Another important point that should be noted is many of these microloans are going to women around the world, rather than to men. According to the Microcredit Summit Campaign women are better candidates for microloans in developing countries for a variety of reasons including; being a good credit risk, investing more in their children and families which leads to the better care, education, and social development of the next generation, and raising women’s social status by allowing them to generate household income ( By granting loans to women, cultural and societal development is encouraged along with economic development.

Although microlending is not a new concept, in recent years it has grown in popularity due to the ever increasing data that supports its effectiveness. Microlending helps developing nations by giving impoverished people the chance to start businesses, increase their sense of self-worth, boost their economies, and provide secure returns to investors. The idea of “charity,” or simply handing out goods and money, is not as beneficial to developing economies or to individuals as are microloans. For everyone involved, microlending is a beneficial practice that is both economically sound and socially ethical.


Bell, Donald A. et al. (2006). International Business: The Challenge of Global Competition. Mc-Graw-Hill Irwin. New York, New York. P. 346-7.

Microcredit Summit Campaign. “About the Microcredit Summit Campaign - Why Target Women?” Reference URL:

Women for Women International. “Microcredit Lending Programs.” Reference URL:

If you would like to get involved, please visit Speak Sexy Online to find out how you can help Women for Women International with just one click!

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Thursday, June 7, 2007

How Investing Overseas Can Help Your Domestic Market

Investing overseas can help a firm protect its domestic market in three different ways. The first is to establish foreign operations in countries where the firm has major clients (Ball et al., 61, 2006). For example, if a U.S. firm has many customers in France, establishing subsidiaries in France to service those customers will prevent competition by similar firms in France from acquiring those customers. This strengthens the U.S. firm because they now have the opportunity to prove that they can service customers in France as well. This strategy is not very risky because the domestic firm already has customers in the foreign country. Rather than attacking the foreign market, the domestic firm is just defending itself from foreign competitors.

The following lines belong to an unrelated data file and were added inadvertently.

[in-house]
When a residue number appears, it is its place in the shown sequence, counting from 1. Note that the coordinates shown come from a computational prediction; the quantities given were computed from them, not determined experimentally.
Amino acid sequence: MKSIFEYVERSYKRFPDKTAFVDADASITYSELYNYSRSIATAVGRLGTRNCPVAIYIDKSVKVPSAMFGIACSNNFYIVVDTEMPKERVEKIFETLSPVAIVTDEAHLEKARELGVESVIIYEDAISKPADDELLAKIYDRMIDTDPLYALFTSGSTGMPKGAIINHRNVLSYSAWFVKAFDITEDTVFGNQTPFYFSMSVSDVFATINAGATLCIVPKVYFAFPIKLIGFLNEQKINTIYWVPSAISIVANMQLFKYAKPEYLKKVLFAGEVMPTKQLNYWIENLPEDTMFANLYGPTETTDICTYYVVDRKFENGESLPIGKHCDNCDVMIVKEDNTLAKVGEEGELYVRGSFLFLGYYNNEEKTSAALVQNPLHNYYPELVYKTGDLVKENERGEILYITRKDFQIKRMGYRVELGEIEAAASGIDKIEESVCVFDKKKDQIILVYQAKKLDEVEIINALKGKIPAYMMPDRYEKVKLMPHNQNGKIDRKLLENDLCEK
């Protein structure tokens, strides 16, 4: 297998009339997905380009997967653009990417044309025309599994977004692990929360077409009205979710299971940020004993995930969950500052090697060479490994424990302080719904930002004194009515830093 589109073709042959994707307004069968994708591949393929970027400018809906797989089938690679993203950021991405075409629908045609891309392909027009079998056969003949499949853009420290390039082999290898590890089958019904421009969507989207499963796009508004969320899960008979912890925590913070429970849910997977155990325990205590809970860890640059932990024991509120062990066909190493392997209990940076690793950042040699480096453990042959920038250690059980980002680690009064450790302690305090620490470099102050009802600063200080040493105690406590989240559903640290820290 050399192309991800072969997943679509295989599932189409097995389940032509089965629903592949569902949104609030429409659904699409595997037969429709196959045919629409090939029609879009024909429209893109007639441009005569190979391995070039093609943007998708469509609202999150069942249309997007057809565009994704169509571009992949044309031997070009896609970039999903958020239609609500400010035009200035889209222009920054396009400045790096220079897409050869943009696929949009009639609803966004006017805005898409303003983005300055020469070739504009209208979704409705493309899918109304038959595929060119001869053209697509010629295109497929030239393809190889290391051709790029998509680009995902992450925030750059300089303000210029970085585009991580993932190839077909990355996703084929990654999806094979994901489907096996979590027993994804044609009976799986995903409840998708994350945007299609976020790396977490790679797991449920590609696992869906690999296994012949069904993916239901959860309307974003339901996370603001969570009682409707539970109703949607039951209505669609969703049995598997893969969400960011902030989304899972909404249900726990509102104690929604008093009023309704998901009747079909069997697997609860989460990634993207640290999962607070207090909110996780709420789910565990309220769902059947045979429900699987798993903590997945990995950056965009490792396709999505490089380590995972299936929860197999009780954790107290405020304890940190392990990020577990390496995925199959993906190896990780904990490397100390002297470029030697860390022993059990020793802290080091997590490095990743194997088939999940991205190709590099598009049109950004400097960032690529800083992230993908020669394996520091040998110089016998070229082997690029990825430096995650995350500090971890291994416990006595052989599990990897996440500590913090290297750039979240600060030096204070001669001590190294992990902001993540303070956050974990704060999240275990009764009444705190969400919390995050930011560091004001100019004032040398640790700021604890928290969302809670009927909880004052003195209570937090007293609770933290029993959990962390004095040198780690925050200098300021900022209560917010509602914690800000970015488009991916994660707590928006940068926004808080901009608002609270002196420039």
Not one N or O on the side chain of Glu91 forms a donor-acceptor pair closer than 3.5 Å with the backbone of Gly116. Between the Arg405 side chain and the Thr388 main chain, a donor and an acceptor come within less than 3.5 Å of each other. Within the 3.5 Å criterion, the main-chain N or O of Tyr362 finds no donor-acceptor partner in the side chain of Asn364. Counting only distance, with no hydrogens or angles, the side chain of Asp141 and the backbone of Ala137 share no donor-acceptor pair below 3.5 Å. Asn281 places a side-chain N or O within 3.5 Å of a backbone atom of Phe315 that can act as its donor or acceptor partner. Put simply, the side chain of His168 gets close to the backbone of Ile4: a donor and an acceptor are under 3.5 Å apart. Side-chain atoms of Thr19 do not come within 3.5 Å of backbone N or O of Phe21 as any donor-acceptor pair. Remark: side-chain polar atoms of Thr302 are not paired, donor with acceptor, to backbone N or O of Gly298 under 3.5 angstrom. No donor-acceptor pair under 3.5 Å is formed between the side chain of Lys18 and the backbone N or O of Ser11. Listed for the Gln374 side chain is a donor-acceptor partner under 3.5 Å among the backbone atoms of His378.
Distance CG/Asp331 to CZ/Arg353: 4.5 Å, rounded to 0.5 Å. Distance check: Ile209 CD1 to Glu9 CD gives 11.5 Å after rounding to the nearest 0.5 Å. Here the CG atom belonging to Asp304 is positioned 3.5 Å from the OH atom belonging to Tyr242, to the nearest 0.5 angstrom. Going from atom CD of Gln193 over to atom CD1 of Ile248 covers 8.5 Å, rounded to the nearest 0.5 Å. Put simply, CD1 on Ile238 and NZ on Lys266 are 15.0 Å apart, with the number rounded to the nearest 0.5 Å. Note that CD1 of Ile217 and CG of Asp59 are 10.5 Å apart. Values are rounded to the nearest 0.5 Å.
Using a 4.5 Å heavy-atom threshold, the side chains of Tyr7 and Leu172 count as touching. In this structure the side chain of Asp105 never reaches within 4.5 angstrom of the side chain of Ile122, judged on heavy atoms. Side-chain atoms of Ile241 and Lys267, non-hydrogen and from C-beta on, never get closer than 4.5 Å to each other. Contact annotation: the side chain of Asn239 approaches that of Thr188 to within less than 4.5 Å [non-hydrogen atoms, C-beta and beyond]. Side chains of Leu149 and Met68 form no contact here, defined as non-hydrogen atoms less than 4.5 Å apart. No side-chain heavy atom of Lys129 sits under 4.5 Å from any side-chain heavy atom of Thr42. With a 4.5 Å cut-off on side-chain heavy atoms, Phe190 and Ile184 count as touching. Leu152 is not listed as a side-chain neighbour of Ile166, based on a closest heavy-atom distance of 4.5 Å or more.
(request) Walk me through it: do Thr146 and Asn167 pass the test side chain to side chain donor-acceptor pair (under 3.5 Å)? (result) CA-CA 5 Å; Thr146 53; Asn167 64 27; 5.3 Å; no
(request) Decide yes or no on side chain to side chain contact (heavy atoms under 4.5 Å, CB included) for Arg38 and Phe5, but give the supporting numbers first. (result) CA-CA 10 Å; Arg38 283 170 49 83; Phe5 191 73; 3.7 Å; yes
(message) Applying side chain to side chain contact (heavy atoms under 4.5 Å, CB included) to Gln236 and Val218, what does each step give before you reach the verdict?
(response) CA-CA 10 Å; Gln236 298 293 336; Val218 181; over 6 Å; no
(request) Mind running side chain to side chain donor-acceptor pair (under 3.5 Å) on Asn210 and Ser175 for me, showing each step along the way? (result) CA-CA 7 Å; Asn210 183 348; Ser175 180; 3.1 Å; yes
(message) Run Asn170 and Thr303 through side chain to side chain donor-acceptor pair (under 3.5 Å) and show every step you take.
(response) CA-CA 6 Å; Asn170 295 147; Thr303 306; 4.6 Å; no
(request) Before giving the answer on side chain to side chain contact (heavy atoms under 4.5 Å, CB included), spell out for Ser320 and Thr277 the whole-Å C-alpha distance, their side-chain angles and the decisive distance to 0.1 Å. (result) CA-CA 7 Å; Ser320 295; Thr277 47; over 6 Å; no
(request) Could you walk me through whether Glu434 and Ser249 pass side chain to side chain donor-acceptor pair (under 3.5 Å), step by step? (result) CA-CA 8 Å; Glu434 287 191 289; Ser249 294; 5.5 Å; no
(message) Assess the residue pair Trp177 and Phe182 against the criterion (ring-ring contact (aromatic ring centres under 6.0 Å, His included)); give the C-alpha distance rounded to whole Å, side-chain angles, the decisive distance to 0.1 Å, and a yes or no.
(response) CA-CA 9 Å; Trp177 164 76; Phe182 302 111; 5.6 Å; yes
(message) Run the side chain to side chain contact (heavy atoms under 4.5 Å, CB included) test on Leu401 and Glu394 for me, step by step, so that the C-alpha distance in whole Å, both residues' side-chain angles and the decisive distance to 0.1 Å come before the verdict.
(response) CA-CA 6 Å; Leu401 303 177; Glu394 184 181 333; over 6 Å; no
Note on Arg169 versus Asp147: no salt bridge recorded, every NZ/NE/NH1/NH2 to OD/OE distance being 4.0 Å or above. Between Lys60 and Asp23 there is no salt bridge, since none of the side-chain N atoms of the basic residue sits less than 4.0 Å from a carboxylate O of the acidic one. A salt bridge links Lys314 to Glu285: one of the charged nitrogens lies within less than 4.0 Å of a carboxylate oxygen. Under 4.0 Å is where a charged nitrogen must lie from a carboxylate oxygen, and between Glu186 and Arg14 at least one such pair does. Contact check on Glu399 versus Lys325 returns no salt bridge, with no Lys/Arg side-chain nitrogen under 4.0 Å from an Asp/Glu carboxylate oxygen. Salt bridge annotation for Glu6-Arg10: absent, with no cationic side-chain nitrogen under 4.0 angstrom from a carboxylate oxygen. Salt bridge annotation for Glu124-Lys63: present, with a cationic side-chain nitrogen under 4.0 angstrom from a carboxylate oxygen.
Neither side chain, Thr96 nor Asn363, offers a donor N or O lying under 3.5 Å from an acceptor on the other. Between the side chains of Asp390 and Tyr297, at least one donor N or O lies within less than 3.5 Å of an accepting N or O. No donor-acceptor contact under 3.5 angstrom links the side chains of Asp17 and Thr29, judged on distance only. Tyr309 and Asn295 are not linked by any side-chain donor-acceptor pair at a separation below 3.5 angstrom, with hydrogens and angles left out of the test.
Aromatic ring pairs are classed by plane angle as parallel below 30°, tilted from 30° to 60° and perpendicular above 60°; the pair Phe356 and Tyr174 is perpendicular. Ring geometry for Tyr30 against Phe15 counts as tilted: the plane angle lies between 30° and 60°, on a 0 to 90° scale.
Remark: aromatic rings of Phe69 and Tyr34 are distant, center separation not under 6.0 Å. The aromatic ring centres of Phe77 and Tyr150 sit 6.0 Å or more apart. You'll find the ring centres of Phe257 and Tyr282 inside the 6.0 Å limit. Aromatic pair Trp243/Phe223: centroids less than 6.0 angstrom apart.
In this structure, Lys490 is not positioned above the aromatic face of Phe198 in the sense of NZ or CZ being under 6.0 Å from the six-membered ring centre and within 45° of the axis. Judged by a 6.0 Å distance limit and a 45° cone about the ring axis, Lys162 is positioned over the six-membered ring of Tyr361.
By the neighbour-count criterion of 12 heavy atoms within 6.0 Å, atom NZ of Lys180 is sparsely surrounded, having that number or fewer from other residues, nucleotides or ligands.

The second way a firm can protect its domestic market by investing overseas is to attack the foreign market in the hopes that the foreign firm will be so focused on defending its local market that it will lessen its efforts to gain customers in the domestic firm's market (Dell et al., 61, 2006). For example, if Domestic Firm A sells a similar product or service as Foreign Firm B, DFA can begin operations in FFB's country in the hopes of taking away some of FFB's customers, and causing FFB to focus on keeping its own share of its domestic market. While FFB is being attacked in its own country, DFA can work on gaining more of its own domestic market away from FFB. This technique is really one of deceptive distraction and is much riskier than the previous example because in this scenario the domestic firm must spend some resources "distracting" the foreign firm, and some resources on gaining a larger portion of its domestic market. Both of these tactics must be done at once if the plan is to succeed.

The final reason that investing overseas can strengthen a firm's domestic market has to do with costs of production. If a foreign firm can produce the same product at a lower cost than a domestic firm, and sell that product at a lower price (by exporting it) in the domestic country, then the domestic firm is at a disadvantage. One way to become more competitive is to outsource part or all of a firm's production to the "cheaper" foreign country and continue to resell the product in the domestic firm's country (Ball et al., 61, 2006). Outsourcing allows the domestic firm to utilize the lower production costs in the foreign country while remaining competitive in its domestic market. This strategy is also not very risky because it is lowering the firm's costs while defending its domestic market against foreign competition. Rather than spending more of its resources, the aim of this technique is to reduce costs and gain resources.